Covid-19 with its associated issues of teleworking, distance learning and endless Zoom meetings has shown that our digital life has long been taking place in the “cloud”. However, gigantic data processing centers have a disadvantage: data transmission takes too long for new applications such as online gaming, smart devices, the Internet of Things, drones or robots. The solution? Edge computing – processing power at the edge of the cloud: response in real time.
History repeats itself, also in the development of digitalization, and brings along evolutionary changes. With mainframes that took up whole rooms, computers entered our everyday life in the 1960s, with “dumb” terminals at the periphery, which gave access to, and strictly controlled, computing power and data. The PC turned the relationship upside-down; the continuous miniaturization of chips and storage ousted the chunky monsters and democratized computers.
Until the Internet came along and connections between PCs and servers created a new role for the “computer”, the server, at the center of millions of connections between end devices – though no longer in the form of mainframes, but rather as huge server farms, which provide both enormous processing power and sheer unlimited storage capacity. As their specific location was irrelevant and de facto unknown, the “cloud” was created – a cloud-like formation which, depending on necessity, took a specific shape for users – whether as a ticket service for event organizers or server capacity for start-ups.
As users, whether as a private individual or corporation, we live in the cloud in one form or another today. This has been impressively demonstrated by Covid-19 over the past months: Zoom – a cloud service – has become a synonym for endless private and professional video calls. Teleworking and distance learning would simply be impossible without the cloud. The infrastructure for all this has long been in place, but many were not aware of it.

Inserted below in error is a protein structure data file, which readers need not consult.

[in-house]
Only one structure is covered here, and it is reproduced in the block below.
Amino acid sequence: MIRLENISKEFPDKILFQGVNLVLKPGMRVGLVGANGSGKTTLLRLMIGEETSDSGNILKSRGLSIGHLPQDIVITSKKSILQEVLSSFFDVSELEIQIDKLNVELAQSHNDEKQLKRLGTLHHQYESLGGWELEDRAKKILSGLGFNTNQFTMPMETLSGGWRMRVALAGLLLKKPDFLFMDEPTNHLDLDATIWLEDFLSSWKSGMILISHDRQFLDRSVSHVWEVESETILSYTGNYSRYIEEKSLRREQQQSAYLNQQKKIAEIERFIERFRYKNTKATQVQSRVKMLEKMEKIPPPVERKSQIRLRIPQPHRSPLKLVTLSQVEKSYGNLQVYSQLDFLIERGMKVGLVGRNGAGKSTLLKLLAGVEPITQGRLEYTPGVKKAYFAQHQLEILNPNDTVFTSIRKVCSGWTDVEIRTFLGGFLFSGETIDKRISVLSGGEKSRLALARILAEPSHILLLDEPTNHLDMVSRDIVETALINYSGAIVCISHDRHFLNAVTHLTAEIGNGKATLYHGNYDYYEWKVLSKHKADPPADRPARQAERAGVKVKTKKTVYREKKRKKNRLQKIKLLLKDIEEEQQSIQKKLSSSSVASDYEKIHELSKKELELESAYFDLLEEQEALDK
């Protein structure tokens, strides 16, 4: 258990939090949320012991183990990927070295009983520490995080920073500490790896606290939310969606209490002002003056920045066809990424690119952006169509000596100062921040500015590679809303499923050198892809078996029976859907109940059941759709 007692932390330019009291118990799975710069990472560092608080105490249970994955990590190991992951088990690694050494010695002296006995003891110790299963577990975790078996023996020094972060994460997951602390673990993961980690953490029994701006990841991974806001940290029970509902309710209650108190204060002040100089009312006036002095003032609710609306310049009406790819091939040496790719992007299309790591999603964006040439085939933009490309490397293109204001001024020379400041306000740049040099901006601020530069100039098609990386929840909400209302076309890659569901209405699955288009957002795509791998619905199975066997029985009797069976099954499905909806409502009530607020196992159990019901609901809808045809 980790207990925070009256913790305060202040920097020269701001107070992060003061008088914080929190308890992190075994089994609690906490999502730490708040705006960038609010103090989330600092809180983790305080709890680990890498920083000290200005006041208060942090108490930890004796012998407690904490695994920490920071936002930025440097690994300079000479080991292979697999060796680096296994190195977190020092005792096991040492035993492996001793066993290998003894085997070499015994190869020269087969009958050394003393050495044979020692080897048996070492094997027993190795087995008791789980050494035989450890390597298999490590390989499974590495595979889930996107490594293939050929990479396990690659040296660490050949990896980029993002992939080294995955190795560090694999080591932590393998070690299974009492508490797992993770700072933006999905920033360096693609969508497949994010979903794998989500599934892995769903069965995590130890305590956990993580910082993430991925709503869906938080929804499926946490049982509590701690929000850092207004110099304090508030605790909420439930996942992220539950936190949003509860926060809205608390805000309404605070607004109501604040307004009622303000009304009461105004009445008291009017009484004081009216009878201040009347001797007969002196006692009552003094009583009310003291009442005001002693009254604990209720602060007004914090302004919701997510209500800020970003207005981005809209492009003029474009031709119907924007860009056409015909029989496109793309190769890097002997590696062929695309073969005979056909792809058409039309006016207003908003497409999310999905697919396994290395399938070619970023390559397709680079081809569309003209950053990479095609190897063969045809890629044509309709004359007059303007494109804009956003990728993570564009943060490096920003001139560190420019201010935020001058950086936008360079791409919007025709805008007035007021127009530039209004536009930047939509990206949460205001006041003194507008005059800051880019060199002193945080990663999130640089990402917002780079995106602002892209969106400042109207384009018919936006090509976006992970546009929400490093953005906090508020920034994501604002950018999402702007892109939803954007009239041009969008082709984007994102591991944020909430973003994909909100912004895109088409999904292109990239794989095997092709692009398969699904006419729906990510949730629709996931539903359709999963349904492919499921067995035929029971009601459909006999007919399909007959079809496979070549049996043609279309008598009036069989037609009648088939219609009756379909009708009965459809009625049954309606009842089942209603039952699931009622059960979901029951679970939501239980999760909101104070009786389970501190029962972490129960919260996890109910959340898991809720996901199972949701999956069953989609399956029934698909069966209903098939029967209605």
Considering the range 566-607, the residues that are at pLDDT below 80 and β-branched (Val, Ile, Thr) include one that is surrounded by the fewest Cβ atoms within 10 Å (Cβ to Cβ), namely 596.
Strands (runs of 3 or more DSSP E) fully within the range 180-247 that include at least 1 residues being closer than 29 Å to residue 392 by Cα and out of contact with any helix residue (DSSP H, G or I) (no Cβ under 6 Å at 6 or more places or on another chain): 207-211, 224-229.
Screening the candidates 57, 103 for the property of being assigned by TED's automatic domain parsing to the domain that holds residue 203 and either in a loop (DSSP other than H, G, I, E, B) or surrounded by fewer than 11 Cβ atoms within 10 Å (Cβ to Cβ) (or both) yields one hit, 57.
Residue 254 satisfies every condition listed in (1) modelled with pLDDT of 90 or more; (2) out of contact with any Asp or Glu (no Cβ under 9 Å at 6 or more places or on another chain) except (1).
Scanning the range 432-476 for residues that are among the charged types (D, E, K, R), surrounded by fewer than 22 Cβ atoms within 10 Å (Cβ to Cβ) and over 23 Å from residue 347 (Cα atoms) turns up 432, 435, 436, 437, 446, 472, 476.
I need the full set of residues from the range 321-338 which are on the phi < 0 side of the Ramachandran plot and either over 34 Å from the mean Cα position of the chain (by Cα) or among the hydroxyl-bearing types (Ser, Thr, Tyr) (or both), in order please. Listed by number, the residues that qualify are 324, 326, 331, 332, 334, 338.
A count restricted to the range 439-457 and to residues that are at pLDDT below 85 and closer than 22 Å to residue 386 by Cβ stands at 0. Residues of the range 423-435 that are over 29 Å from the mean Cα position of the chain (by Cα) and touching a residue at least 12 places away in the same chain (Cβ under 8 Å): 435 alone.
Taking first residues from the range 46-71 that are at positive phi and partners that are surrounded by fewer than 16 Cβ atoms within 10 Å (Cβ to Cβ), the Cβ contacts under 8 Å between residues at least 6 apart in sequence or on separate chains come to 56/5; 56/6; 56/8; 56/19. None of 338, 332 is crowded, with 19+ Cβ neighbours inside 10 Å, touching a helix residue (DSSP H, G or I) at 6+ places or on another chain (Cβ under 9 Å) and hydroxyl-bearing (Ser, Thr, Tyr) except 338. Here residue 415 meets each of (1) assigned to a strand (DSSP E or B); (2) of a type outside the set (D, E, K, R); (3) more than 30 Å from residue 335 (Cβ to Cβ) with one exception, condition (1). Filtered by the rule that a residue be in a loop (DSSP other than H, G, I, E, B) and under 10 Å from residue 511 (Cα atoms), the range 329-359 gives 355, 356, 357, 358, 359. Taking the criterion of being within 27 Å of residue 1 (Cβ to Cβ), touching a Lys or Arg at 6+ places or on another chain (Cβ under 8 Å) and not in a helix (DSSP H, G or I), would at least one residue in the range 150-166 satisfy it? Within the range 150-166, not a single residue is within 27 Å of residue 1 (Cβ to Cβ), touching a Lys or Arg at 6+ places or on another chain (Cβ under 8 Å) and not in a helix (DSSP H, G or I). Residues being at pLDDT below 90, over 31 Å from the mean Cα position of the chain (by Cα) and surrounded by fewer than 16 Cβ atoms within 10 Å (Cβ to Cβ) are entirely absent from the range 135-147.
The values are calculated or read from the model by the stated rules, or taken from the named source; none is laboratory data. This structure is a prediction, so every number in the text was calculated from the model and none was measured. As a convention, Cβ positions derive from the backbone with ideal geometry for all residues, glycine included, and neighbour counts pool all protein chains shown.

Without connection to the digital infrastructure of computer farms individual PCs, tablets or individual smartphones are almost useless. Numerous cloud providers offer a home that can quickly be scaled as required. The IT of companies has long been accommodated in the cloud – often in hybrid forms. According to estimates of the Synergy Research Group, the cloud industry generates revenues of more than 300 billion US dollars. The market leaders are Amazon, Google and Microsoft, which announced a billion-euro investment for the establishment of a data center in Austria only a few days ago.
Now the wheel of digital history keeps turning and in many ways it resembles the replacement of mainframes by PCs. Smartphones, smartwatches, smart cars and the Internet of Things generate a vast quantity of data, whose transmission and processing in far-away computer farms and the related way back to our end devices lead to waiting times – called high latency in technical terminology. This is less disturbing for searches, sending messages or streaming videos. However, there are applications that can’t wait that long.
Pirelli for instance tests car tires whose sensors supply information on the condition of the road. If, for example, the road is icy, the following vehicles can be warned immediately – provided this happens in real time and the information does not have to travel electronically to a data processing center located thousands of kilometers away. Online gaming with many participants needs ultra-short latencies – otherwise all the fun of the game will be lost. Virtual and augmented reality – whether for games, entertainment or information systems – need extremely short latencies to allow users to immerse themselves into their own cosmos. A smartwatch designed to detect dangerous heart rates and sound an alarm in dangerous situations needs results immediately, and not with a time delay. Car manufacturer Toyota estimated the data volume transmitted by assistance systems between smart cars and servers at 10 exabytes – the inconceivable amount of ten billion gigabytes – per month in the future.